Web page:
FIG. 12 is a flow chart showing, according to at least one embodiment of the invention, operation of a design application with which a user is not currently editing a PCB design. In block 123, the application is idle, and waits for a message from the message server program. At block 125, the application receives a message from the message server program containing (or pointing to) data for an edit made by the user with a different application. The edit data is parsed at block 127 to identify the type(s) of data provided, and/or to adjust for any differences between the format of the data and the format in which the receiving application will store the data. In block 129, the receiving application stores the data in its database, and then returns to block 123.
FIG. 13 is a flow chart showing, according to at least one embodiment of the invention, operation of a message server program. After initialization (“start”), the program determines at block 201 if the user activated any design applications prior to activating the message server program. If so, the message server program takes note of all running applications so that future edit data can be provided to each application. In at least one embodiment, the message server program maintains a list of all currently running design applications. In some embodiments, and as shown by the dashed line block 203 and the vertical ellipsis, the message server program may then perform one or more additional steps prior to proceeding to block 205. In some embodiments, for example, the message server determines in block 203 whether the databases for all of the running design applications (noted in block 201) are synchronized, and proceeds to perform any necessary synchronization. After reaching block 205, the message server program awaits a message from a design application. When a message is received, the message server program proceeds to block 207 and determines if the message represents a new program being activated by the user. If yes, the message server program adds the newly-activated program to the list of running applications at block 211. At block 213, the message server program imports a database to the newly-activated program from the last application in which the user made an edit or took other action. If the user has not made an edit (or taken other action) with another application since initiating the message server program, a database is imported from one of the other programs noted at block 201 or as otherwise specified by the user. The message server then returns to block 205 and awaits the next message from a design application.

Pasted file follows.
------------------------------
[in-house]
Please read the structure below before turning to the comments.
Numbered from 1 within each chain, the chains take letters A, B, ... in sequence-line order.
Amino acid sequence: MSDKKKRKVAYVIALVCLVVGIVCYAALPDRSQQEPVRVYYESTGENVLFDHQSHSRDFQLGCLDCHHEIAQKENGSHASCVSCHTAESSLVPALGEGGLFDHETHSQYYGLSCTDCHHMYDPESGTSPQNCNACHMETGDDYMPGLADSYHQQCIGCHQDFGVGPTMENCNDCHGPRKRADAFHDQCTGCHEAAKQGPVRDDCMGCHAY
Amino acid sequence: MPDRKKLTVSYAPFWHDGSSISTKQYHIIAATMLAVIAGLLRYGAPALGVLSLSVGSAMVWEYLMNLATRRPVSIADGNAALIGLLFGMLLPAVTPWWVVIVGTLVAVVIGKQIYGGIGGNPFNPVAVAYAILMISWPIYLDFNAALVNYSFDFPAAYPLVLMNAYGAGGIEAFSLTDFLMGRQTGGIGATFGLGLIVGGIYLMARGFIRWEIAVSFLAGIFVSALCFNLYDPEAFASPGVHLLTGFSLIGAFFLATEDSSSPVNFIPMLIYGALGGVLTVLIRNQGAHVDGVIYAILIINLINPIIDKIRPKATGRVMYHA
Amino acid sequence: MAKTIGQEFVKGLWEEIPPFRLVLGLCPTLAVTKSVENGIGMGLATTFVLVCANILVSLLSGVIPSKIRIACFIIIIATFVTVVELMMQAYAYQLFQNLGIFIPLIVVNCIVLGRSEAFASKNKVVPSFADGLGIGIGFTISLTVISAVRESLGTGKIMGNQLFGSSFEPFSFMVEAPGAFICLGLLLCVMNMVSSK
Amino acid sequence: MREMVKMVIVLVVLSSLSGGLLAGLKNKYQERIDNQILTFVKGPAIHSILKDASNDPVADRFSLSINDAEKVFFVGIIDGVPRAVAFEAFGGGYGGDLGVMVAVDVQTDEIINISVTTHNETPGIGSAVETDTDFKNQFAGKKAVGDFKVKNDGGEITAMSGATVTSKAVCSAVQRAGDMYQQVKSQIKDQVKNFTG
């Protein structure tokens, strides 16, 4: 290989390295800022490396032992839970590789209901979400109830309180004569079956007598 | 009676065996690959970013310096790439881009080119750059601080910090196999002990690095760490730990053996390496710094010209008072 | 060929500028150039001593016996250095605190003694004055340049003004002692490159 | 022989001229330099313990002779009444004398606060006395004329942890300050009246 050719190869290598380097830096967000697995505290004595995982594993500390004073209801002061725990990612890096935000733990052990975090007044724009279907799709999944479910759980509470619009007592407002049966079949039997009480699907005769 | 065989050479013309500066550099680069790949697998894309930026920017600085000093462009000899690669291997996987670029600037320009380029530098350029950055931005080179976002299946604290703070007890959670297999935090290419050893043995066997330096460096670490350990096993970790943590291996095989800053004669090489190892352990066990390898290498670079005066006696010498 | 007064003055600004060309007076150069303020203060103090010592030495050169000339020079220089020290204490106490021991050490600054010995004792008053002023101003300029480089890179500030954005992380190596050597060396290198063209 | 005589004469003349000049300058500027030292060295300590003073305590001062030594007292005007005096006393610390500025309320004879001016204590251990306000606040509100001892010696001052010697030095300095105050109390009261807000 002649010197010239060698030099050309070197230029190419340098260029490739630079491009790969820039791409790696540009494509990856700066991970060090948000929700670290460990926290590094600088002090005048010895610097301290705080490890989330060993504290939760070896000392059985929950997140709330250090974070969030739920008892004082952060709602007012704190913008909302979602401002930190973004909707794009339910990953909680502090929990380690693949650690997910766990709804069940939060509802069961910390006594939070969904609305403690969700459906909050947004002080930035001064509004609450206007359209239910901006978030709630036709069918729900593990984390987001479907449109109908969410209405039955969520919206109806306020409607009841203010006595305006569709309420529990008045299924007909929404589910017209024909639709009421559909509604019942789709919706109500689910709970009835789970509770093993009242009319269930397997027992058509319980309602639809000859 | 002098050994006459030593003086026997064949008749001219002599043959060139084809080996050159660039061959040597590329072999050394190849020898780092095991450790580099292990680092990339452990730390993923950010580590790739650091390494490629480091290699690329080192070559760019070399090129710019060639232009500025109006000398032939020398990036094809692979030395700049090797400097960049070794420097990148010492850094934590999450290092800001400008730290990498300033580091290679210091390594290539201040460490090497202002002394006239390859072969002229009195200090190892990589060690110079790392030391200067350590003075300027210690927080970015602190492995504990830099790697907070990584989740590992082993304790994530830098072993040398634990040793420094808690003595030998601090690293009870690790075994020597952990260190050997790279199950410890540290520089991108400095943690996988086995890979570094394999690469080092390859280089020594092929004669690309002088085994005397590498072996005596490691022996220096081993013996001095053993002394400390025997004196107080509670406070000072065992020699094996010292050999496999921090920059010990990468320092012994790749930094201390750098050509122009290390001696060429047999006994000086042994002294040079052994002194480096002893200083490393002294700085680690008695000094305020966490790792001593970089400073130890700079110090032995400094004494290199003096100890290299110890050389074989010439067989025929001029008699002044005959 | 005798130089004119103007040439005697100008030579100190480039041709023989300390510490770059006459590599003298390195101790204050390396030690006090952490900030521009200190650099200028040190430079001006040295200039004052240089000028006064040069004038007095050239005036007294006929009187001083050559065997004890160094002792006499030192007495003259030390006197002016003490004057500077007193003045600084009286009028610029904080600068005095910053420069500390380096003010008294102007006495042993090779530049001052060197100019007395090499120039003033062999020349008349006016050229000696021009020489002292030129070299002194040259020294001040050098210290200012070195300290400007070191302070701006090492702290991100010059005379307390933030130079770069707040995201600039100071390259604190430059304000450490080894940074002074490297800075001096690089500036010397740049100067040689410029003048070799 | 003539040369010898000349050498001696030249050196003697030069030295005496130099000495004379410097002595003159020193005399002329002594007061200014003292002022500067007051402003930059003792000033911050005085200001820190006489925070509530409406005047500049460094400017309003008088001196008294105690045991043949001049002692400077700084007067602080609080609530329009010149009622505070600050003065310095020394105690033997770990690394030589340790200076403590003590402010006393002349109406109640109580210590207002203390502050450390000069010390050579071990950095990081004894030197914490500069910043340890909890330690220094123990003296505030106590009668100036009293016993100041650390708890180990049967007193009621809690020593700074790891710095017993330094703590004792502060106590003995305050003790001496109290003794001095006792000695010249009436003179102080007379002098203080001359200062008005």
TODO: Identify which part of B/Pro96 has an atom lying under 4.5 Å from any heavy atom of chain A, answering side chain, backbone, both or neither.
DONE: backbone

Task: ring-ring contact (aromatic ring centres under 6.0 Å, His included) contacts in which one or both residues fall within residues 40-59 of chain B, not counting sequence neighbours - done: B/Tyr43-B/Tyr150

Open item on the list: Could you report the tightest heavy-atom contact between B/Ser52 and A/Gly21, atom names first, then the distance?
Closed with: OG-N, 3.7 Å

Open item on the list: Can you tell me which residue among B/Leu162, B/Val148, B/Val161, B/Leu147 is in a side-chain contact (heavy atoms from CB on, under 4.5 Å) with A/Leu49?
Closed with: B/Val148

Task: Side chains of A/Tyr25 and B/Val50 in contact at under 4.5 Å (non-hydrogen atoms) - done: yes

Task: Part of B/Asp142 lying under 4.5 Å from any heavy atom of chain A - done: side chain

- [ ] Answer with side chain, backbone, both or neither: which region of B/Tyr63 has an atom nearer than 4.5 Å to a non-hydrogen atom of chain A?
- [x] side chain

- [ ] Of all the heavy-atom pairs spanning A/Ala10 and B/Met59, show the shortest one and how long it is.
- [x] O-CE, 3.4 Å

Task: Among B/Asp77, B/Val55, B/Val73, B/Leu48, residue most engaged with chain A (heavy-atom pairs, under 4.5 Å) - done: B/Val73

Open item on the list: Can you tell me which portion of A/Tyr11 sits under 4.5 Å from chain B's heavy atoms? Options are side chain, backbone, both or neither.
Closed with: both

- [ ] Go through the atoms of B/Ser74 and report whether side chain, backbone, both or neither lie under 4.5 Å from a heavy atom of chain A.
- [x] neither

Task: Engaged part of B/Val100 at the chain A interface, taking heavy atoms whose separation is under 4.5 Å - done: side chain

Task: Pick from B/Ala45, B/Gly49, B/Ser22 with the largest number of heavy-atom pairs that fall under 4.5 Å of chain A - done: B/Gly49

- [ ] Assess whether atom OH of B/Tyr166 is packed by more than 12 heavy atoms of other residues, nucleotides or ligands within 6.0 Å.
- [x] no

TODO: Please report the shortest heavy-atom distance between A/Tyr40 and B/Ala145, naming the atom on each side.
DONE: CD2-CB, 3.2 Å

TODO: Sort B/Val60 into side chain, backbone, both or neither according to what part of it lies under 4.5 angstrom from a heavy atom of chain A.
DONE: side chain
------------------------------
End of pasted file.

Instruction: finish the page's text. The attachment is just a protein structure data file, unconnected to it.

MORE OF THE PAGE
If a message received from a design application is not notification that the user has initiated a new design application, the message server program proceeds from block 207 to block 209, and determines if the message contains (or points to) edit data from one of the running design applications. If yes, the edit data is sent to all other running design applications at block 215, after which the message server program returns to block 205 to await the next message. If a message received at block 205 is not notification of a newly opened design application or of edit data from an open application, the message server program proceeds from block 209 to perform other appropriate action (e.g., removing a design application from the list of running design applications if the message indicates the user has shut down the application). The dashed line box and vertical ellipsis after block 209 indicate that various other commands for other types of messages could be included.
As previously indicated, the invention is not limited by the types of applications which may be simultaneously running on a computer. Instead, the invention includes simultaneous execution of many different types of PCB applications. For example, instead of the three types of applications described with regard to applications D, E and F above, a user may instead be switching between a layout and routing application, a circuit analysis application, and a computer aided manufacturing (CAM) application. After the user places a series of components and routes connections between those components using the layout and routing program, the user could then switch to the circuit analysis program to determine the electrical and/or electromagnetic effects of the routes added to the design. The user could then switch to the CAM application to add data specific to the manufacturing process(es) used to manufacture the PCB. Accordingly, as used in this specification (including the claims), the term “PCB application” is not limited to applications such as applications D, E or F. Similarly, “information” or “data” regarding a PCB design is not limited to placement and routing data or to other types of data generated by applications such as applications D, E or F. The invention is not limited by the number of applications which may be simultaneously used. Only two applications might be simultaneously running, or more than three applications may be simultaneously running.
Although several examples of carrying out the invention have been described, those skilled in the art will appreciate that there are numerous variations and permutations of the above described examples that fall within the spirit and scope of the invention as set forth in the appended claims. For example, a machine-readable medium may have instructions stored thereon that, when executed by one or more processors, cause one or more computers to perform the steps of the described methods. The algorithms, system configurations and other aspects described are merely examples. Modifications of the described algorithms, systems and aspects are within the scope of the invention, as are numerous other algorithms, configurations and aspects.